The origins of artichokes date back to the time of the Greek philosopher and naturalist Theophrastus (371-287 B. C. ), who wrote about their growth in Italy and Sicily. Ancient Greeks and Romans considered artichokes an aphrodisiac and in Greece they were also thought to be effective in securing the birth of boys. In the 1800s, French immigrants brought artichokes to the United States when they settled in the Louisiana Territory. In the latter part of the 1800s, French colonists established artichokes in the Monterey area of California. California is now the world’s largest producer of artichokes. In the 1920s, Ciro Terranova “Whitey”, a member of the mafia known as the “Artichoke King, ” began his monopoly of the artichoke market by purchasing all the produce shipped to New York from California for $6 a crate. He created a produce company and sold the artichokes at a 30-40% profit. This later led to “the artichoke wars” and the mayor of New York at the time, Fiorello La Guardia banned the sale, display and possession of artichokes. The ban was lifted after only one week when the mayor admitted that he himself loved the vegetable.
Artichokes contain the chemical, cynarin, which researchers are finding benefits the liver. Silymarin is another compound found in artichokes that has powerful anti-oxidant properties. A medium artichoke has 25 calories and provides phosphorus, magnesium, manganese, chromium, potassium, iron and calcium. They are also a good source of fiber, vitamin C, and folate. They are low in sodium and have no fat or cholesterol. They can help reduce the risk of many kinds of heart disease, cancer and birth defects.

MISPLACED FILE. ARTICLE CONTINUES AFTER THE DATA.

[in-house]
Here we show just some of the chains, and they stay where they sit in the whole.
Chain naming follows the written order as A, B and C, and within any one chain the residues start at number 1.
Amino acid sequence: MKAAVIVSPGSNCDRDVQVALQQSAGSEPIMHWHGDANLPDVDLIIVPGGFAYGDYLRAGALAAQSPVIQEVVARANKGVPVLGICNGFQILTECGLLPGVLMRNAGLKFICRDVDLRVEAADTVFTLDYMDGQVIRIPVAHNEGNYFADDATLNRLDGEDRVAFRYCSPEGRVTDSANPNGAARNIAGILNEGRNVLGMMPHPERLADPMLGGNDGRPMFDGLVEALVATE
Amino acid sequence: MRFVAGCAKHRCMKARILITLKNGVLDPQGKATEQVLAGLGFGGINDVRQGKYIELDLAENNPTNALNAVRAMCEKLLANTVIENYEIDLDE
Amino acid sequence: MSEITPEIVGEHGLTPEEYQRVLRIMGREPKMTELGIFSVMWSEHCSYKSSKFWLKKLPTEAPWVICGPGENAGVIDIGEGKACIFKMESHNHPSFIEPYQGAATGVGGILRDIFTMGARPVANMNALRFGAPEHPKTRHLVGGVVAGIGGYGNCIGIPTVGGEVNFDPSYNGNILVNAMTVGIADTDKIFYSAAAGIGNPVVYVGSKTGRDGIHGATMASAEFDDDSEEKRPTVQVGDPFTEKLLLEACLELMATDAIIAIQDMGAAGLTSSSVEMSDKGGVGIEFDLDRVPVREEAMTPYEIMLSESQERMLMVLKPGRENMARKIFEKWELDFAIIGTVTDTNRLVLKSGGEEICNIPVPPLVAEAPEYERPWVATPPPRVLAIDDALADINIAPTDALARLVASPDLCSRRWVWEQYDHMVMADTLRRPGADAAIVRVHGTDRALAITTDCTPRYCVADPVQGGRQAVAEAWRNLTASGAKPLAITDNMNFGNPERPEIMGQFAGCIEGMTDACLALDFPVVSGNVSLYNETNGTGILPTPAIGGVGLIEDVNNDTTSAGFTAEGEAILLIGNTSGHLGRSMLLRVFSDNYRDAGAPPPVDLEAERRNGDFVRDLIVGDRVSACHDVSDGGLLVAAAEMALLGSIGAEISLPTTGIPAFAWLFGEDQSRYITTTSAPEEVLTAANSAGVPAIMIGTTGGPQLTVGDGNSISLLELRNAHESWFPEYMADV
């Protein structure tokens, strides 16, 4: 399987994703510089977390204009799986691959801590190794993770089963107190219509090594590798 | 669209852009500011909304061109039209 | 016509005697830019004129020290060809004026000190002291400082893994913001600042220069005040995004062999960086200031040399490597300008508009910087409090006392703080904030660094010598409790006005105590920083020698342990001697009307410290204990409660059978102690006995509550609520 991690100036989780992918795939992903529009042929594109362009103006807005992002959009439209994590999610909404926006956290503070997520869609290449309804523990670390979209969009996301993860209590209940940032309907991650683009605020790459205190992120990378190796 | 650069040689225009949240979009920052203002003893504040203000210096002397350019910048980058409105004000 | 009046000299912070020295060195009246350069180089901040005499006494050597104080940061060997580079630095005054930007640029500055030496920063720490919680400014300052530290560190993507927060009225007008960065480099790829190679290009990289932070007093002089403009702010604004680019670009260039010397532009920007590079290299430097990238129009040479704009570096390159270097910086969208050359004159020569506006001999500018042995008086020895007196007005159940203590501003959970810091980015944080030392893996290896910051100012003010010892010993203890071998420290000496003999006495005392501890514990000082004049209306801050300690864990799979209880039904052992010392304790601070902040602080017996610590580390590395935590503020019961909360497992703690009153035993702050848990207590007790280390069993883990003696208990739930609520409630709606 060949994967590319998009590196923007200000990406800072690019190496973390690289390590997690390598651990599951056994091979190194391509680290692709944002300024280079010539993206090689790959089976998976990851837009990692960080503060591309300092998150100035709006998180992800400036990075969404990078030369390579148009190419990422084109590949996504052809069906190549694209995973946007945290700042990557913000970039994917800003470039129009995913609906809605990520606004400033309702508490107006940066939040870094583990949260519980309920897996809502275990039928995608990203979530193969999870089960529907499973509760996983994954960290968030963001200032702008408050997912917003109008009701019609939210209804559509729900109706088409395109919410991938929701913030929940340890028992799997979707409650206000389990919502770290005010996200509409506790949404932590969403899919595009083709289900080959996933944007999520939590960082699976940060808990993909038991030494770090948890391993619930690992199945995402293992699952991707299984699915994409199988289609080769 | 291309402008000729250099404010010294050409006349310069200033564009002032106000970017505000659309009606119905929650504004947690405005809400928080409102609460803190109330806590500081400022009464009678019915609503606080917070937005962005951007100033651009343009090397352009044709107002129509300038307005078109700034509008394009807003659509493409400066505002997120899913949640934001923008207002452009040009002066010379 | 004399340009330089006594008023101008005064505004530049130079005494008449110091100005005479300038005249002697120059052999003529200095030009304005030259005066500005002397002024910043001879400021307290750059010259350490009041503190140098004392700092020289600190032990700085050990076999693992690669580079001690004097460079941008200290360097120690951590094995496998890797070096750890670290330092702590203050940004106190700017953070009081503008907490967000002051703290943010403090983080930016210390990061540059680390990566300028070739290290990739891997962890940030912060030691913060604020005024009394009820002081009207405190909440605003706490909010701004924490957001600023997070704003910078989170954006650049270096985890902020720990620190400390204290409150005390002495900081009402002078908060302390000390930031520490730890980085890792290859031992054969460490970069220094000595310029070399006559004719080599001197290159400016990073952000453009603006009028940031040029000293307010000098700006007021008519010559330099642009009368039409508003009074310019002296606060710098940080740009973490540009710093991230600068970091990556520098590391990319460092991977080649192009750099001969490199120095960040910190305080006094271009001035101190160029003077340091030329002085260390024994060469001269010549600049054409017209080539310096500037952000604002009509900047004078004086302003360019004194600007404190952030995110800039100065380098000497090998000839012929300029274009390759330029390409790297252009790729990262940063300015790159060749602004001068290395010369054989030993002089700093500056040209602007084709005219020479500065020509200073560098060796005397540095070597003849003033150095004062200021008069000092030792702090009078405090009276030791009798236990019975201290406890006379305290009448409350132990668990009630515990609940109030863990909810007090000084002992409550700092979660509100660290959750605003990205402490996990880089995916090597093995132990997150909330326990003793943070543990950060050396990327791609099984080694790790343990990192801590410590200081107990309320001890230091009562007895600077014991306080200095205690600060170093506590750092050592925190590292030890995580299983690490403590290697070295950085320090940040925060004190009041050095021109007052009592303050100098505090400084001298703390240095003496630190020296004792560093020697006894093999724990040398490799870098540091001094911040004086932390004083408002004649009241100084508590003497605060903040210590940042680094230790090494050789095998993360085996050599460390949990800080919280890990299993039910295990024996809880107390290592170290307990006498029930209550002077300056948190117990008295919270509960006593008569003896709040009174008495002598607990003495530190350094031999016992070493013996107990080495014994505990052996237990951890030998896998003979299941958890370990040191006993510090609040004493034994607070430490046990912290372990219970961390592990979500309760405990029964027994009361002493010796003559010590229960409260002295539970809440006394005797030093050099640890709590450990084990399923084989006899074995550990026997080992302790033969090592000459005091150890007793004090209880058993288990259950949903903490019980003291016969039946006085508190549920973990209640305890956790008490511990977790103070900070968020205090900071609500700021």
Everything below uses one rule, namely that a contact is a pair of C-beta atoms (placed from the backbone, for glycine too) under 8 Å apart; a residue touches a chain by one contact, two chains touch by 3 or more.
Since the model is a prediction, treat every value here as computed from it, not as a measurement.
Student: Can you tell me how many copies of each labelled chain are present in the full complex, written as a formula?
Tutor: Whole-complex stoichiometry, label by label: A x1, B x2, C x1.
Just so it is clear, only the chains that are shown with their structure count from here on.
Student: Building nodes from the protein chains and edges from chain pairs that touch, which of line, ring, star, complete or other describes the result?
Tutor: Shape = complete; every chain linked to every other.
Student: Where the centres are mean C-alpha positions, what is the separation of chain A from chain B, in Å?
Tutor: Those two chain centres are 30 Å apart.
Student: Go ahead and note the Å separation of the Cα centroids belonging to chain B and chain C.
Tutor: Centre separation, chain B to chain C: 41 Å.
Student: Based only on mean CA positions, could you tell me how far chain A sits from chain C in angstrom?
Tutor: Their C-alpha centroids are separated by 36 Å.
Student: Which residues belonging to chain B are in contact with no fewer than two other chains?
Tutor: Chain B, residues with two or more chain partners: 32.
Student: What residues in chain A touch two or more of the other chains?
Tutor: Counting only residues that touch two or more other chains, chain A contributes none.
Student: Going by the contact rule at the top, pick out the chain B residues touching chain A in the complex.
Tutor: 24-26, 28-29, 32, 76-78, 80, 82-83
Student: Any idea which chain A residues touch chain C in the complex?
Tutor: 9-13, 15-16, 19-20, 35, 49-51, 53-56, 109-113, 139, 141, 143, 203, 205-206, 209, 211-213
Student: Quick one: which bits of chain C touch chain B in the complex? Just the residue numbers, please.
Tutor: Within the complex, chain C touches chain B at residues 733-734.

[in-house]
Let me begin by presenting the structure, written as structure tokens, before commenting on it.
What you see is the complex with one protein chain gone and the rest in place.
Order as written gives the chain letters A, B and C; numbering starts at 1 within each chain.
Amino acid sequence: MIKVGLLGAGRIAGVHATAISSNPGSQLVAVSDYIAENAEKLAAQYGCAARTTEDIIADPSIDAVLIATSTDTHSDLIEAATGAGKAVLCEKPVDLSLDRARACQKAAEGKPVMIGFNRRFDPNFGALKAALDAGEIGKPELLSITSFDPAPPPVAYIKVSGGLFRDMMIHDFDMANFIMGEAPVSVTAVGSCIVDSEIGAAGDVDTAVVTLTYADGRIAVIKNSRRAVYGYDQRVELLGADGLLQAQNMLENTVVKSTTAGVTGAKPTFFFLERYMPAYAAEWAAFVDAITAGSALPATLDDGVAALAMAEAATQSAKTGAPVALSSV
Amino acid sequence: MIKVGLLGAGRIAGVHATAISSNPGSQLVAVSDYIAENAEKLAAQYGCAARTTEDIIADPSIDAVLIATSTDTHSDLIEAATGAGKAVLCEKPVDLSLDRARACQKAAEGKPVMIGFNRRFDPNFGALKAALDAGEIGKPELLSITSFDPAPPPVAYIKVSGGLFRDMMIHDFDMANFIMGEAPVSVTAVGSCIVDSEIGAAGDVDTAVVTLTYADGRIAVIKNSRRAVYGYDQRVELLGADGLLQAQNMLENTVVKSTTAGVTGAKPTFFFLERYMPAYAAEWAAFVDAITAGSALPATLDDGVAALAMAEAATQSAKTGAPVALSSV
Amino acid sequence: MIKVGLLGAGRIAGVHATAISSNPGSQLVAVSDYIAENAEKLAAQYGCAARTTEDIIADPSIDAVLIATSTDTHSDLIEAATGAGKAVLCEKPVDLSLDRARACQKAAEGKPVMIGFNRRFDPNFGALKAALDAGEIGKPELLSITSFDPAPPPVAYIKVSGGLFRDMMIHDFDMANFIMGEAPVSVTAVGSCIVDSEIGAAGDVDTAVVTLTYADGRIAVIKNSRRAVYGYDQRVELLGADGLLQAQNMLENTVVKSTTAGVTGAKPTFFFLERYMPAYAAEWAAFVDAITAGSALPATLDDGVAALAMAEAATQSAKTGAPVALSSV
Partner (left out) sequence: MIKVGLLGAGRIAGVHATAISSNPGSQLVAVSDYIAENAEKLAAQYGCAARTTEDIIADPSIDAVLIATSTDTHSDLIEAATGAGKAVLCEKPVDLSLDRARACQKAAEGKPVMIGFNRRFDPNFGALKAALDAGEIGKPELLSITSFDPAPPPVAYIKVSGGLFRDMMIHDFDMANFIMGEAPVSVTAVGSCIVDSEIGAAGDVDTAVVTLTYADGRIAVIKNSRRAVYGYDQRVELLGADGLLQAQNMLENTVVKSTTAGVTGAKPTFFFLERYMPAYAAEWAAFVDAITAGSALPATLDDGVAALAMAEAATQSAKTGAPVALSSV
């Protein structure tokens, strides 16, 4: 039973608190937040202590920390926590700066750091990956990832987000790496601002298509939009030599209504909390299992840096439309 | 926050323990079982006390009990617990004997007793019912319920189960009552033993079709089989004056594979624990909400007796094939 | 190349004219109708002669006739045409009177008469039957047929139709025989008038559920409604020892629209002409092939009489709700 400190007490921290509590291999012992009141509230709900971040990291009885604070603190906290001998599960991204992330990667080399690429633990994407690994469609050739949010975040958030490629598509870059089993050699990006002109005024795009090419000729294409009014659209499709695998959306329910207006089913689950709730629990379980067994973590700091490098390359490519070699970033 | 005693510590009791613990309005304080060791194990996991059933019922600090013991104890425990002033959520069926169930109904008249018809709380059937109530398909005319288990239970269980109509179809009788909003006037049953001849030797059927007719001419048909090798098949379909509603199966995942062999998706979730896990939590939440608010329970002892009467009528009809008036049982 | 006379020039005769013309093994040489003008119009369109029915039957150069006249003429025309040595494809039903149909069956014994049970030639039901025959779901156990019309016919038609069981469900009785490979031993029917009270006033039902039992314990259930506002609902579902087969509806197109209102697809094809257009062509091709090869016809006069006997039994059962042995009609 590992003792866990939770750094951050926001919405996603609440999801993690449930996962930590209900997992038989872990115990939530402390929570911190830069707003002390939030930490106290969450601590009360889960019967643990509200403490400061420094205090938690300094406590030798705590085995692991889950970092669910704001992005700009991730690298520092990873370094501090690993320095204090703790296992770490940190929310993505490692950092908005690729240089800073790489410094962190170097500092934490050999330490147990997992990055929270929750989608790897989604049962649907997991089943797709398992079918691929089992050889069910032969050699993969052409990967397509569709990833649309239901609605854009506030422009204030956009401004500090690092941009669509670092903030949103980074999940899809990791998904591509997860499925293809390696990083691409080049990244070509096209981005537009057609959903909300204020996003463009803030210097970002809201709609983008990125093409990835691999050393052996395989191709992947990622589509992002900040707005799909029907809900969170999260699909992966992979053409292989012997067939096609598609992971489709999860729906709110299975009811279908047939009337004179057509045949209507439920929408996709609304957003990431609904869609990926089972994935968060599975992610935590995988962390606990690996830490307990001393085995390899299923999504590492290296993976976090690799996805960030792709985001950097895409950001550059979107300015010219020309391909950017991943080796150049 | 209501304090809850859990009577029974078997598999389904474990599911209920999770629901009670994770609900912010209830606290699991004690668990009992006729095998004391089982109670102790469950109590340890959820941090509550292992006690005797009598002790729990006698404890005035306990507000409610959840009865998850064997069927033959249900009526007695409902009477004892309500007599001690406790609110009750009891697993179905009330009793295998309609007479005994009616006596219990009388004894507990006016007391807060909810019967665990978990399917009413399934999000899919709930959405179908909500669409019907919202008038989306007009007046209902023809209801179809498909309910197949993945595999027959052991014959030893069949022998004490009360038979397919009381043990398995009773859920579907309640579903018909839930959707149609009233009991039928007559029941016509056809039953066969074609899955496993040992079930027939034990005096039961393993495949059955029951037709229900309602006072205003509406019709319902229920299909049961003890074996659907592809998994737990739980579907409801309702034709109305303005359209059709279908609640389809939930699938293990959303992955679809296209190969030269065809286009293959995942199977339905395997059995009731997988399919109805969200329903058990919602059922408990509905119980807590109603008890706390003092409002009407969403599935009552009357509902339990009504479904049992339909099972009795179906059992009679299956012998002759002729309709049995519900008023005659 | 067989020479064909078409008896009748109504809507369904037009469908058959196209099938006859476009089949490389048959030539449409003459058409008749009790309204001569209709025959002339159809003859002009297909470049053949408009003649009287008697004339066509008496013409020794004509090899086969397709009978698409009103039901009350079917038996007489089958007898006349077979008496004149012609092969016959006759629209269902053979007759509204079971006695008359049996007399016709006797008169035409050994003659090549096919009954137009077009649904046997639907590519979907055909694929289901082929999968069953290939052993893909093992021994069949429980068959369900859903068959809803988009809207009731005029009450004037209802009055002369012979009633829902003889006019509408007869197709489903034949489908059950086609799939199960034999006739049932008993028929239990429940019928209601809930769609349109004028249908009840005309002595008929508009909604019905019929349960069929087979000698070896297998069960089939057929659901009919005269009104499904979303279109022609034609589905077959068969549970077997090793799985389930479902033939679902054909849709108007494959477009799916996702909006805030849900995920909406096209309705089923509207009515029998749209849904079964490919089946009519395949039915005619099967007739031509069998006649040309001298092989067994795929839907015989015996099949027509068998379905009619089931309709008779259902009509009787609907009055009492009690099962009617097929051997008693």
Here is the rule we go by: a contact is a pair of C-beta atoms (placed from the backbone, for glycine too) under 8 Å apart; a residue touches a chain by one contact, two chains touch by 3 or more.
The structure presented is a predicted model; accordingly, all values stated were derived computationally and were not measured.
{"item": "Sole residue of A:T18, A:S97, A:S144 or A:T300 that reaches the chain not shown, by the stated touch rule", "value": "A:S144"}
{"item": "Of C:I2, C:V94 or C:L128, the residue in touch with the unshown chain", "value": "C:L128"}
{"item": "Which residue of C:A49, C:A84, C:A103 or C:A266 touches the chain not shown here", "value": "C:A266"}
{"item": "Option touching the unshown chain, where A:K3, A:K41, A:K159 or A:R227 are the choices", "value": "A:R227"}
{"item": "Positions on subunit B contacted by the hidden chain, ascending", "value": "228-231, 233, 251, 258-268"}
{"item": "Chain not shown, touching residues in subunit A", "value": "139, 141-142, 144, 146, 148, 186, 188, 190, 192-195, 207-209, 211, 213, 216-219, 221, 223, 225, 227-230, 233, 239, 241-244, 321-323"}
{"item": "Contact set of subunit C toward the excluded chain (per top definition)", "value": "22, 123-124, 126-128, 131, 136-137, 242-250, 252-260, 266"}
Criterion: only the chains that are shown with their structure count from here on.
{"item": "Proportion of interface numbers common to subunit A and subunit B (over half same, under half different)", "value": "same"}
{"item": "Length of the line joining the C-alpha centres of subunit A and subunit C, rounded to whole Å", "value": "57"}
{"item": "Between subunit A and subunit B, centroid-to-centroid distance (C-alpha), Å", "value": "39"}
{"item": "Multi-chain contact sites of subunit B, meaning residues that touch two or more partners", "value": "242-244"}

Serving Size: 10
Simmer the artichokes in salted lemon water until tender. Remove them from the water and cool in an ice bath. Peel away the leaves. Remove the hearts and bottoms and dice them.
In a soup pot, heat the olive oil and add the celery, leeks, onions, shallots and garlic and sauté until tender.
Add the diced artichokes, bay leaf and stock and simmer for approximately 45 minutes.
Remove from the heat, remove the bay leaf, puree the soup in a blender and strain through a strainer.
Adjust the seasonings with salt and pepper and adjust the consistency with additional stock if necessary.
Pour the soup into hot soup bowls. Garnish with sliced truffles and opal basil oil and serve.
Jason Dick is an Internet Security Specialist and web author whose most recent notable work can be found at http://home.stopsign.com .
He has also worked for seven years in the food services industry and is writing a series of articles regarding current food trends, many of which contain recipes for the website: http://recipefor.com